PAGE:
# How Much Phase Noise is Acceptable in RF ADCs? Reference oscillators and internally generated clocks in ADCs are one of the main system components that enable precision sampling at very high frequencies. When sampling a signal at low frequencies, or when sampling a DC signal, phase noise matters very little and just about any oscillator can provide the clocking needed for sampling. But when we look at very high frequencies, phase noise in a reference oscillator or clock sets a lower limit on the sampling system’s noise and it determines the signal-to-noise ratio (SNR) value seen on the sampled data.

If you need to clock an RF ADC or precision measurement system with a reference oscillator, how much phase noise should you accept? This is a complex question that relates to total jitter, or the inaccuracy in oscillation and sampling in the time domain. In short, phase noise does contribute to lower SNR, but the phase noise limit you set for your device depends on several factors and there is no universal limit for every system.

## Phase Noise Creates Inaccuracy in ADC Sampling

When we consider noise on an ADC, we typically consider it being present in the input signal that will be sampled with the device rather than the noise in the sampling system itself. The input signal can have some noise, which will appear superimposed on the input waveform in the time domain. This leads to errors in the digital representation of the sampled signal whenever noise exceeds the quantization on the input signal.

The reference oscillator used to control the sampling frequency and timing is different; it will have some phase noise, which will contribute to the overall jitter in the beginning and end of a sampling interval. The result is some error between the digital representation of the sampled signal, and the actual signal. One way to think of this is in terms of equivalent noise on the input signal; if there is too much noise on the input then the digital representation of the waveform will be inaccurate. Obviously we would like to limit error below some level, and we do this by specifying a required SNR value we would like to see on the measurement.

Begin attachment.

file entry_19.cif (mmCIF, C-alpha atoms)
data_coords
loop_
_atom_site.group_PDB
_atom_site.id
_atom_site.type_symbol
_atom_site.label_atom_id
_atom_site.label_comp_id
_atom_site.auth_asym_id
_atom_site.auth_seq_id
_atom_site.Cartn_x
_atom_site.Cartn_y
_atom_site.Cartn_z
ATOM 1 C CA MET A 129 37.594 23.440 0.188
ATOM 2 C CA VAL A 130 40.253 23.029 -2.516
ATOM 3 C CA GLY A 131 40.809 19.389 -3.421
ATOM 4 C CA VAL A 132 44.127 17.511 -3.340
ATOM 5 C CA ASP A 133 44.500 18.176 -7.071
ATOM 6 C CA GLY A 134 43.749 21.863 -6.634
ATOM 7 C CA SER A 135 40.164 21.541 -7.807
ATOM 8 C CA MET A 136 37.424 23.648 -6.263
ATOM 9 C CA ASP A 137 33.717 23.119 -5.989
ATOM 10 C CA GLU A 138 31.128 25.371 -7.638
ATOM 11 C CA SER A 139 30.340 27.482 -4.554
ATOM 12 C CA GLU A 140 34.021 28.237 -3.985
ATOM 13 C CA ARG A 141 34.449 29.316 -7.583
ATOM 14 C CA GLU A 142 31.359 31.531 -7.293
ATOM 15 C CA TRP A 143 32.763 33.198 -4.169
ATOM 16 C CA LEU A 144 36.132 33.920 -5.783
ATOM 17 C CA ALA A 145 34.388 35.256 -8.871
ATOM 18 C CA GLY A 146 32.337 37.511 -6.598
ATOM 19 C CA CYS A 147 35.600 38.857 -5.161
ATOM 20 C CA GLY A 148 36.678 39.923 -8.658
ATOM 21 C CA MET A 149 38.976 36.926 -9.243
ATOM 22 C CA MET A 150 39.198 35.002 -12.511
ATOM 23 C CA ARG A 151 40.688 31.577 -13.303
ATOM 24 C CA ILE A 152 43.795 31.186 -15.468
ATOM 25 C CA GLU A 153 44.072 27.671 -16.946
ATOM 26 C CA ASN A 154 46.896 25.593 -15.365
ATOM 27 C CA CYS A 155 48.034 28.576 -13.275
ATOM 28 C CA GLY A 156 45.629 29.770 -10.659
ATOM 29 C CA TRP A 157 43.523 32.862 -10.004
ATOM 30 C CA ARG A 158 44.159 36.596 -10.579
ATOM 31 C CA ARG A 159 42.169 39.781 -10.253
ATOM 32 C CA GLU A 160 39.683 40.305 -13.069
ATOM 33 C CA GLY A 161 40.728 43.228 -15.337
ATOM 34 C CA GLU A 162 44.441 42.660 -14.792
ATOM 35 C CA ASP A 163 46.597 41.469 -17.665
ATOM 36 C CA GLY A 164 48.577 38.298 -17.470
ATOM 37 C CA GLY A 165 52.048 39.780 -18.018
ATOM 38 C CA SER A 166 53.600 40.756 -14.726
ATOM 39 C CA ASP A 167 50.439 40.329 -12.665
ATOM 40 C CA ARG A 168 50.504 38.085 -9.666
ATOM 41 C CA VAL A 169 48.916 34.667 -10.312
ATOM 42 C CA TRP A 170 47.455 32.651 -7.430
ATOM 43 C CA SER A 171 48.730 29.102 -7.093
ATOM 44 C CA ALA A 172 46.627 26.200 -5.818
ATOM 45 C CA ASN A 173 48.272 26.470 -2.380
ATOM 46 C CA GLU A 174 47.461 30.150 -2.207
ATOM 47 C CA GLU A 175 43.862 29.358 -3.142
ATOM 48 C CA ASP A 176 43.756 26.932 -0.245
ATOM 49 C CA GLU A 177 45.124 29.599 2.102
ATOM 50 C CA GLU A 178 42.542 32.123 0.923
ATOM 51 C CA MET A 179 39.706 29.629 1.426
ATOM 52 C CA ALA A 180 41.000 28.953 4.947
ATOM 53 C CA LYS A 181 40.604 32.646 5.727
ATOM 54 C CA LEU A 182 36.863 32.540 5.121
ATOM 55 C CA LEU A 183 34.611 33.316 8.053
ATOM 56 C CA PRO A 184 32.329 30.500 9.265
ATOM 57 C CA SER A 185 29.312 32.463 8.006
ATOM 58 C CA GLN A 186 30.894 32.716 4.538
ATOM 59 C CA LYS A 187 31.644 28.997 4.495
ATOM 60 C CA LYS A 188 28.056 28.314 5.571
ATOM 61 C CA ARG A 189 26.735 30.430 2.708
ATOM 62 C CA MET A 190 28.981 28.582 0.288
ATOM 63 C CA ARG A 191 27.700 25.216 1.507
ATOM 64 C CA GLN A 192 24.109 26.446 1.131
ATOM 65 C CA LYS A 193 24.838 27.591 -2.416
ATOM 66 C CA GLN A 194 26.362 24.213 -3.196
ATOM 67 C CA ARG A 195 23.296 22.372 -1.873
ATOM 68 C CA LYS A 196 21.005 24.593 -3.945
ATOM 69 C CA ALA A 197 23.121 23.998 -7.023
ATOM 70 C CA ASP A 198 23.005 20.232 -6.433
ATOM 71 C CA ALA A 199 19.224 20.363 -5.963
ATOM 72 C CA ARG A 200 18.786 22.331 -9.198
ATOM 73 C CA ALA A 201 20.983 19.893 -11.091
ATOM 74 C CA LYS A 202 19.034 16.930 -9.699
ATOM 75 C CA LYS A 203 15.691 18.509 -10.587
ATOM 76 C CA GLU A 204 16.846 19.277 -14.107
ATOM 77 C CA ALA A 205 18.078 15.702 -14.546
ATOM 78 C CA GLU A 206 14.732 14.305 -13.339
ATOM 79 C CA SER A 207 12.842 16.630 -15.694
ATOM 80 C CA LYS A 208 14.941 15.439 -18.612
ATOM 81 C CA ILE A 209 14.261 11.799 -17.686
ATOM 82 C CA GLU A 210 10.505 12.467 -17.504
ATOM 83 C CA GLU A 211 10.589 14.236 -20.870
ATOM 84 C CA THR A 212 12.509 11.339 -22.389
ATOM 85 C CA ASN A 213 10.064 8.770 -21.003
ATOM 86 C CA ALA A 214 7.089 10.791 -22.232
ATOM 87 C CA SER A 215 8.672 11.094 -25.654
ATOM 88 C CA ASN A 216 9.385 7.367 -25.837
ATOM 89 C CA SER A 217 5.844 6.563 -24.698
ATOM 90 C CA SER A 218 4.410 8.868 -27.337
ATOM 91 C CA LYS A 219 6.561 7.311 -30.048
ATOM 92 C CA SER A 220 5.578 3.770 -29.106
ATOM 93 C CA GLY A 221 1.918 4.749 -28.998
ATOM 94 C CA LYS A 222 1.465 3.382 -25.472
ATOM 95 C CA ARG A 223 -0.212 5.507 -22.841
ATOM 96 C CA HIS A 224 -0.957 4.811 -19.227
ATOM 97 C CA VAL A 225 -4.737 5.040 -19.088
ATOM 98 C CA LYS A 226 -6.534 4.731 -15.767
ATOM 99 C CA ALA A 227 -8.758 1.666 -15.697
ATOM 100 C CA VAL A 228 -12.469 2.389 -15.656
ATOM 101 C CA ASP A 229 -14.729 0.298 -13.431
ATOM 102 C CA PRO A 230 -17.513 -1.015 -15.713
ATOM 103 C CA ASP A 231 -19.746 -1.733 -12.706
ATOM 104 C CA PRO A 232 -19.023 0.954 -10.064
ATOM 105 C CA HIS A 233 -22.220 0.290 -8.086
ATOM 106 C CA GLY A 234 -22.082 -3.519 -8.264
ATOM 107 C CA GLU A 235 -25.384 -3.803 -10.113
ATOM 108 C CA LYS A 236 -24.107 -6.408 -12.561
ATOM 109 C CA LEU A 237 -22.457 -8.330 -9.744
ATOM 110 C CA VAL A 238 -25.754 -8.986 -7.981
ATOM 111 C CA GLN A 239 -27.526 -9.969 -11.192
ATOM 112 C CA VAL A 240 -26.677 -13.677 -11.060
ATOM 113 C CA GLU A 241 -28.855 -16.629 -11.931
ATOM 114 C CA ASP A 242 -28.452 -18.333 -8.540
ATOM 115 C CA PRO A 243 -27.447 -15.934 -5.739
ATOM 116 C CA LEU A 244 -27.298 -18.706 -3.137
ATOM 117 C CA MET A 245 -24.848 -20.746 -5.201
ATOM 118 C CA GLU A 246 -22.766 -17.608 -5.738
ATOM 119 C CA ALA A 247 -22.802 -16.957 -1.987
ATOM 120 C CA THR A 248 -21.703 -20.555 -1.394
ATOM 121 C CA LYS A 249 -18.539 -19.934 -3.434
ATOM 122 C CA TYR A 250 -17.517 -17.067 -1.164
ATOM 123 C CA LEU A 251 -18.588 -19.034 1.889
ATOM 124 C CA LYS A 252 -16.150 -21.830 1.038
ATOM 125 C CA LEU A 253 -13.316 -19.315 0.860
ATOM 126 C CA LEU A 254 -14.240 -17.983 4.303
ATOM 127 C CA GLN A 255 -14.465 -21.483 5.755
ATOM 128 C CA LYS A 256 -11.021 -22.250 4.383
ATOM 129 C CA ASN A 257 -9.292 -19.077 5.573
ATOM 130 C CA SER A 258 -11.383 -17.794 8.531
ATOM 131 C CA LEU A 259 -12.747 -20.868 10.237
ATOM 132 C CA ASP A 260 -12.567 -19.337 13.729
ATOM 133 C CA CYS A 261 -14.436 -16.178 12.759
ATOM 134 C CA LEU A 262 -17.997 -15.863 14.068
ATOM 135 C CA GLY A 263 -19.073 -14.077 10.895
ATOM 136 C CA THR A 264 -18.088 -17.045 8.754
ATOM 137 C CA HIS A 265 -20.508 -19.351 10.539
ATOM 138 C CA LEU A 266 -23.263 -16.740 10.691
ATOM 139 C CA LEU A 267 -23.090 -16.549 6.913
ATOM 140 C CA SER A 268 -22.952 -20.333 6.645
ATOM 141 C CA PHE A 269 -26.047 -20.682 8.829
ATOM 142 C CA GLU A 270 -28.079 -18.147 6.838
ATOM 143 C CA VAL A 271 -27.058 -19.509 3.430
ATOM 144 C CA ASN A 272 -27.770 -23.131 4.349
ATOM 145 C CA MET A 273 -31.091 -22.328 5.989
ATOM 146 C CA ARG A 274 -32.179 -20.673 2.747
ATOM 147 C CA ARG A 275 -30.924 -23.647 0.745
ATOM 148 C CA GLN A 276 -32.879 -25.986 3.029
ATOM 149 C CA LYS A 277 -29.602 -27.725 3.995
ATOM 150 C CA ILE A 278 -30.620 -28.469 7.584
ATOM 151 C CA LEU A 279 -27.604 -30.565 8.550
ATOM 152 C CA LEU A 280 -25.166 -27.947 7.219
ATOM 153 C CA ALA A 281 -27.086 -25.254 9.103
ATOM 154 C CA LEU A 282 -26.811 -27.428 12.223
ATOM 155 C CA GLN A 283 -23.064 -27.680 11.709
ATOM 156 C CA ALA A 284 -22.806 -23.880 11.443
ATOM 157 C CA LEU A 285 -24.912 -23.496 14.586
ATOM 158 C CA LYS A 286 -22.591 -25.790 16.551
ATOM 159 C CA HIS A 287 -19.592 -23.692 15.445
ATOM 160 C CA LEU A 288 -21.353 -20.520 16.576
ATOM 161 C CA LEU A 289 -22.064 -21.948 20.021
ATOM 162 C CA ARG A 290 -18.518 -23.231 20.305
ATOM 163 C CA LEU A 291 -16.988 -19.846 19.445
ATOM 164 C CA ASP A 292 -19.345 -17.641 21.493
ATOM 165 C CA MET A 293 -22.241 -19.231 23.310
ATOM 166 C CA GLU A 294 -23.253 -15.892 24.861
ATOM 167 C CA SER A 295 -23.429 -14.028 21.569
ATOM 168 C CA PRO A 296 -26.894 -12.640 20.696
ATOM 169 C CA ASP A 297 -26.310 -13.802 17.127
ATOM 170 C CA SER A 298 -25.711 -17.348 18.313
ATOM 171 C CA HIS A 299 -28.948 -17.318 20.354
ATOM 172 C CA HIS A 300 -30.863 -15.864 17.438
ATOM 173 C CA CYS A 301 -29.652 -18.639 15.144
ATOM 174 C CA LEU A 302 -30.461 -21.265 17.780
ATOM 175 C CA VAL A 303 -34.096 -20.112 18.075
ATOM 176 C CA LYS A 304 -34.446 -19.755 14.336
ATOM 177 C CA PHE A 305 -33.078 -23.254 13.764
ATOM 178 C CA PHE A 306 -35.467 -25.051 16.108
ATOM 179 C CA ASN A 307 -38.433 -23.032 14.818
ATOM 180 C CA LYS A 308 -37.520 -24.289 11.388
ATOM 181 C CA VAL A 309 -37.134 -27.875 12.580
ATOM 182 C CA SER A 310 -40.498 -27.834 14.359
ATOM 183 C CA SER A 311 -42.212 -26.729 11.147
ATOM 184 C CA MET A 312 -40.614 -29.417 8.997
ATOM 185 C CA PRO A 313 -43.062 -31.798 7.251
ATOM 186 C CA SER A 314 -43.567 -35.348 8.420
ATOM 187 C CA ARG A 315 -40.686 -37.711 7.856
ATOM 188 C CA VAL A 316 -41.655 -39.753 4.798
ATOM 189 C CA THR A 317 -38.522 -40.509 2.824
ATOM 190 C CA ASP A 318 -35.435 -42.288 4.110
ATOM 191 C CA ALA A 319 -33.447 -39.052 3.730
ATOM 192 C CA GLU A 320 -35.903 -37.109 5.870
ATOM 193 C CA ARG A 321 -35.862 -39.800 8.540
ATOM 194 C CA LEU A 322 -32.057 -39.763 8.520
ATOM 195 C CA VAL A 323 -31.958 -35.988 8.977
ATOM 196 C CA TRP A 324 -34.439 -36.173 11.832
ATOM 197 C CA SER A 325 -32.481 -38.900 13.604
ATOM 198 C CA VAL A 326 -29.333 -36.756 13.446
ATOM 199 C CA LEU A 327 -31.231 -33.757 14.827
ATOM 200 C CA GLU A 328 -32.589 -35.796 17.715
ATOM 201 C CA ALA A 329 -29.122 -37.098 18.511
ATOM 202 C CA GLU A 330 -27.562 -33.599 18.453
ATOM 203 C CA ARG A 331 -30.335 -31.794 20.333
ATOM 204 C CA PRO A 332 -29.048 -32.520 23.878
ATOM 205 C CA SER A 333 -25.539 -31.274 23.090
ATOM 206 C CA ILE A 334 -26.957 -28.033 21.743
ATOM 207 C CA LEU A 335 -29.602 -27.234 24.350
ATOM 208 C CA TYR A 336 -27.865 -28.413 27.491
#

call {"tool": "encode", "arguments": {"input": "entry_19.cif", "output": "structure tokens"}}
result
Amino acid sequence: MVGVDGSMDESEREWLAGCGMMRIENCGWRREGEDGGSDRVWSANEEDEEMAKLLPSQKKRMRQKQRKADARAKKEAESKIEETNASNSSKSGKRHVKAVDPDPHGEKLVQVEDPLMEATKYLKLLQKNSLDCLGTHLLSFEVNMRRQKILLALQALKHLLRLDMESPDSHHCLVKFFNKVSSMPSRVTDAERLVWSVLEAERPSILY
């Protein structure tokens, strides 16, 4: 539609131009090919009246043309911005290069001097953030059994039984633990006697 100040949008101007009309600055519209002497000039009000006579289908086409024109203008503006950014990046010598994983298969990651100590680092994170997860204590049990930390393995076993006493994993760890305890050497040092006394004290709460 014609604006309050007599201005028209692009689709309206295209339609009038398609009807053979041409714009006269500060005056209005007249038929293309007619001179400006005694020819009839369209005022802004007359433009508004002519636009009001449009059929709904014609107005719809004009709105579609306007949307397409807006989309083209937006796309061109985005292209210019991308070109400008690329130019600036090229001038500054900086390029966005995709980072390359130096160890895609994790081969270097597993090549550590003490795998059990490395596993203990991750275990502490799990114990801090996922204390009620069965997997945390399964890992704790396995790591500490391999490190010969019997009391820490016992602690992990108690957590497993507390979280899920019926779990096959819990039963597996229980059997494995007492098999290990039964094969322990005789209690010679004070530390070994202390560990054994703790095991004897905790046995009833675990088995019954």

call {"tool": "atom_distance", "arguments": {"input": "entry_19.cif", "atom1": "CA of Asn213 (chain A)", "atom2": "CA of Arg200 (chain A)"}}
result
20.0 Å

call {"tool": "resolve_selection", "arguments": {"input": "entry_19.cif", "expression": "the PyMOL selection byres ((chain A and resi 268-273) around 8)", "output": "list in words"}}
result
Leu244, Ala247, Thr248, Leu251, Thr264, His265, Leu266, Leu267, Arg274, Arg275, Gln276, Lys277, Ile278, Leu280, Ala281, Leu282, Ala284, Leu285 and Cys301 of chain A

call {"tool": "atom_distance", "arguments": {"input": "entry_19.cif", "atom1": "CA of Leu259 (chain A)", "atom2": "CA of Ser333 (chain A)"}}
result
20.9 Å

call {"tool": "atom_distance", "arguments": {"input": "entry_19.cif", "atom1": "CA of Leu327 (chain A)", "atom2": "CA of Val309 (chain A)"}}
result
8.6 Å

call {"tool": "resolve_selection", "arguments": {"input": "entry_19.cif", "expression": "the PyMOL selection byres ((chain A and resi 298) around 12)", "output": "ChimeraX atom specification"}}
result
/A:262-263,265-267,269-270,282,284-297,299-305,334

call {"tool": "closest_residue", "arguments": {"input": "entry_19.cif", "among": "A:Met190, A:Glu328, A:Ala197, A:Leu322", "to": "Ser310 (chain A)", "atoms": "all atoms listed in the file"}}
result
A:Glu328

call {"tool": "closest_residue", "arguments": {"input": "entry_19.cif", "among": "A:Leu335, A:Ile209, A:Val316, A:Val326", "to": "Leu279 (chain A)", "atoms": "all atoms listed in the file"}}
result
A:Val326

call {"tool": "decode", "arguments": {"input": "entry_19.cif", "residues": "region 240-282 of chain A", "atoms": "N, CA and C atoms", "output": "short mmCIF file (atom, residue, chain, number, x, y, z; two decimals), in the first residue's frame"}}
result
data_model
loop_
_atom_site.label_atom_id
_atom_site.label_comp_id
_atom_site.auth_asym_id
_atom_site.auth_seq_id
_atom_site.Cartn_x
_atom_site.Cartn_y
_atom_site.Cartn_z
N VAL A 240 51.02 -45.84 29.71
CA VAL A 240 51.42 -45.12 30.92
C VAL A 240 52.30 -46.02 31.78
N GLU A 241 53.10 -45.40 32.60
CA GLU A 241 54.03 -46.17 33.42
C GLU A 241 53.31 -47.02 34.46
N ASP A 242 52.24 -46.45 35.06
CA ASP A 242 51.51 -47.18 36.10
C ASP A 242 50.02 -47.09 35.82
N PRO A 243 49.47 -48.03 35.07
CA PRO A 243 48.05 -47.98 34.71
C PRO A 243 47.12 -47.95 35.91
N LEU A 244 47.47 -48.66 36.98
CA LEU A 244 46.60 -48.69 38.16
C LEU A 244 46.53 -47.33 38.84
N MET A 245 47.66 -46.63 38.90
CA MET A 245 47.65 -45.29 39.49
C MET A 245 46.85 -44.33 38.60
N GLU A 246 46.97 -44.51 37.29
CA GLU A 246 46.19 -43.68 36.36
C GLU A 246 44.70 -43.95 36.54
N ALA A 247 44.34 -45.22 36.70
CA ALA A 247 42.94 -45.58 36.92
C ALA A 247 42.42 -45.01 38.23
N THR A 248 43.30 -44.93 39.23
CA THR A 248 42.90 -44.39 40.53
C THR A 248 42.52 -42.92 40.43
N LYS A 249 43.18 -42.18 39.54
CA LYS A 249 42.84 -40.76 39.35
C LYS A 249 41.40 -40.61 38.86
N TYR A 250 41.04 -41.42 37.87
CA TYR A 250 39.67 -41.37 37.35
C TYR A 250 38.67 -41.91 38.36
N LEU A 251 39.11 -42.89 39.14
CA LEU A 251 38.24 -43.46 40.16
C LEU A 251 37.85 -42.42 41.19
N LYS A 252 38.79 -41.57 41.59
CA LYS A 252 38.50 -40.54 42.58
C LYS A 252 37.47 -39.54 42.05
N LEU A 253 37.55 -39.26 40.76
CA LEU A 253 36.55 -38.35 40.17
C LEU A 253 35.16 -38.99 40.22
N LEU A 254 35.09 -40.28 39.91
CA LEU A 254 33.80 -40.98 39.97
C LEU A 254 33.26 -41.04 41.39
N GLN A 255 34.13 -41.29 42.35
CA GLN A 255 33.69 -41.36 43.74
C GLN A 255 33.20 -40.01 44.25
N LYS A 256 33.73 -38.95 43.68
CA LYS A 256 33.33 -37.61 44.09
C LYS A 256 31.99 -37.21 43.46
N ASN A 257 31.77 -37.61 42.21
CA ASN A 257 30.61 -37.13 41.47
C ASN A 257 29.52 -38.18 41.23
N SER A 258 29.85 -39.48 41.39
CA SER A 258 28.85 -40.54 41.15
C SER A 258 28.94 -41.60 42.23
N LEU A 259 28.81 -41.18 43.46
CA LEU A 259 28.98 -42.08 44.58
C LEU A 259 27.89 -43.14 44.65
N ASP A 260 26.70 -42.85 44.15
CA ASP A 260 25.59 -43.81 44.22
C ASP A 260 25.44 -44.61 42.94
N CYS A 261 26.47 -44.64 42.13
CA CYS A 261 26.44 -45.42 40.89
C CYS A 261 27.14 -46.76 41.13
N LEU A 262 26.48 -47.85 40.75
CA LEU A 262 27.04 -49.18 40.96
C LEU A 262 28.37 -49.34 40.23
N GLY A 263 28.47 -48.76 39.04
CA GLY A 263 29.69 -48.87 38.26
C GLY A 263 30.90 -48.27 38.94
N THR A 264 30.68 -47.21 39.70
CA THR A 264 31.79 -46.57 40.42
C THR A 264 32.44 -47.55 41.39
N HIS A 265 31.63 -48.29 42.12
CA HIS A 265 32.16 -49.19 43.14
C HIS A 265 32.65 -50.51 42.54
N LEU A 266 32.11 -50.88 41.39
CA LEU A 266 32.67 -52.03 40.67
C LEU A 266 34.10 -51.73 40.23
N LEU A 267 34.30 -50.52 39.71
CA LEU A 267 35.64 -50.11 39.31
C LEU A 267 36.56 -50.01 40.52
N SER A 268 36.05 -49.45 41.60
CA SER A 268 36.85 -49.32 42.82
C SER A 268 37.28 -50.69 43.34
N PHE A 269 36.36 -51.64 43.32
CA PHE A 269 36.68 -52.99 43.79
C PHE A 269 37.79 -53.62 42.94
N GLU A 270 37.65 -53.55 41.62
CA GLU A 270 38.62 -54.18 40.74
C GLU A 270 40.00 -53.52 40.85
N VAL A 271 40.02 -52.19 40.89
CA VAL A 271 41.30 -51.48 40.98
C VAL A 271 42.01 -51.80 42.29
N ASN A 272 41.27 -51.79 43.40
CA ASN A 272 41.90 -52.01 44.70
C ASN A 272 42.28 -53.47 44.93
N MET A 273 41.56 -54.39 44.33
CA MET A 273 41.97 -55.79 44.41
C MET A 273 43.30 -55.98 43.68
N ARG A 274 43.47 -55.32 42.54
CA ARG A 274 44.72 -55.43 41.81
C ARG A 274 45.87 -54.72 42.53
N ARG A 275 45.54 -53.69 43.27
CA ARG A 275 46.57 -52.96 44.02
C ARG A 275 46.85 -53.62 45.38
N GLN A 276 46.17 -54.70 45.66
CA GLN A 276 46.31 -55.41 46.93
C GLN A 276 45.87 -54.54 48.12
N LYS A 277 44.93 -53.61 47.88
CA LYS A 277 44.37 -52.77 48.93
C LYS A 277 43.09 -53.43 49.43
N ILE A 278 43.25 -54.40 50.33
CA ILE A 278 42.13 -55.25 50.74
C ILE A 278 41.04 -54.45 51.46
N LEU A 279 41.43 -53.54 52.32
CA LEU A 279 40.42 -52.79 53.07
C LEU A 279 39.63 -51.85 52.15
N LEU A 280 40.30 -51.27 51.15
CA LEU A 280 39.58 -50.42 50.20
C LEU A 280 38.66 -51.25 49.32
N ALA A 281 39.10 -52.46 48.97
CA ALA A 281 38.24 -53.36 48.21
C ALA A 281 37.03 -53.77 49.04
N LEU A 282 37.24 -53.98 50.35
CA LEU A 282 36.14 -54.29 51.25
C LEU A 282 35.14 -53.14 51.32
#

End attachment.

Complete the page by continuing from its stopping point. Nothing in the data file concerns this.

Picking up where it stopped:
### Translate Phase Noise to RMS Jitter

Phase noise is measured as the spectrum surrounding a center frequency or carrier frequency of an oscillator, as shown in the graph below. In this graph, the phase noise is expressed as a ratio (in dBc/Hz, where dBc is dB relative to the carrier) at some offset from the carrier frequency (for example, 100 Hz). The area under the curve at this offset (bandwidth of 1 Hz) is a measure of an oscillator’s phase noise. As shown above, phase noise creates some timing jitter that equates to noise on top of the desired signal in the time domain, so we have to convert phase noise into a timing jitter value. This is calculated using an integral; the integral of the phase noise over some bandwidth is equal to a measure of total jitter: In this integral, the integrand P(f) is the phase noise function (without the overlaid carrier signal), and the integration limits can be taken up to the Nyquist frequency (half the sampling frequency f(S)). With this value we can now determine its contribution to the SNR in the digitized signal.

### Contribution to SNR

Once jitter is known, its contribution to SNR in ADC sampling is quite simple. Any jitter in the time domain adds to the jitter from thermal noise internally in the ADC, as well as the aperture jitter in the internal sample triggering in the ADC. Note that both the jitter and aperture jitter integration bandwidths should match in this calculation.

The expected SNR based on these two jitter sources is: Aperture jitter (T(ap)) can be measured at the required sampling rate, and a measurement of the external clock’s phase noise gives the required inputs into the above formula. Note that f(IN) is the input frequency which is being sampled, so the SNR value will be a function of this value.

Now we can calculate the total SNR using the SNR from thermal noise jitter and the above SNR value: This will be the total SNR that can be expected to create errors in the digitally sampled waveform. If this value is too large, then thermal SNR, external oscillator SNR, or aperture SNR need to be reduced to increase the accuracy.

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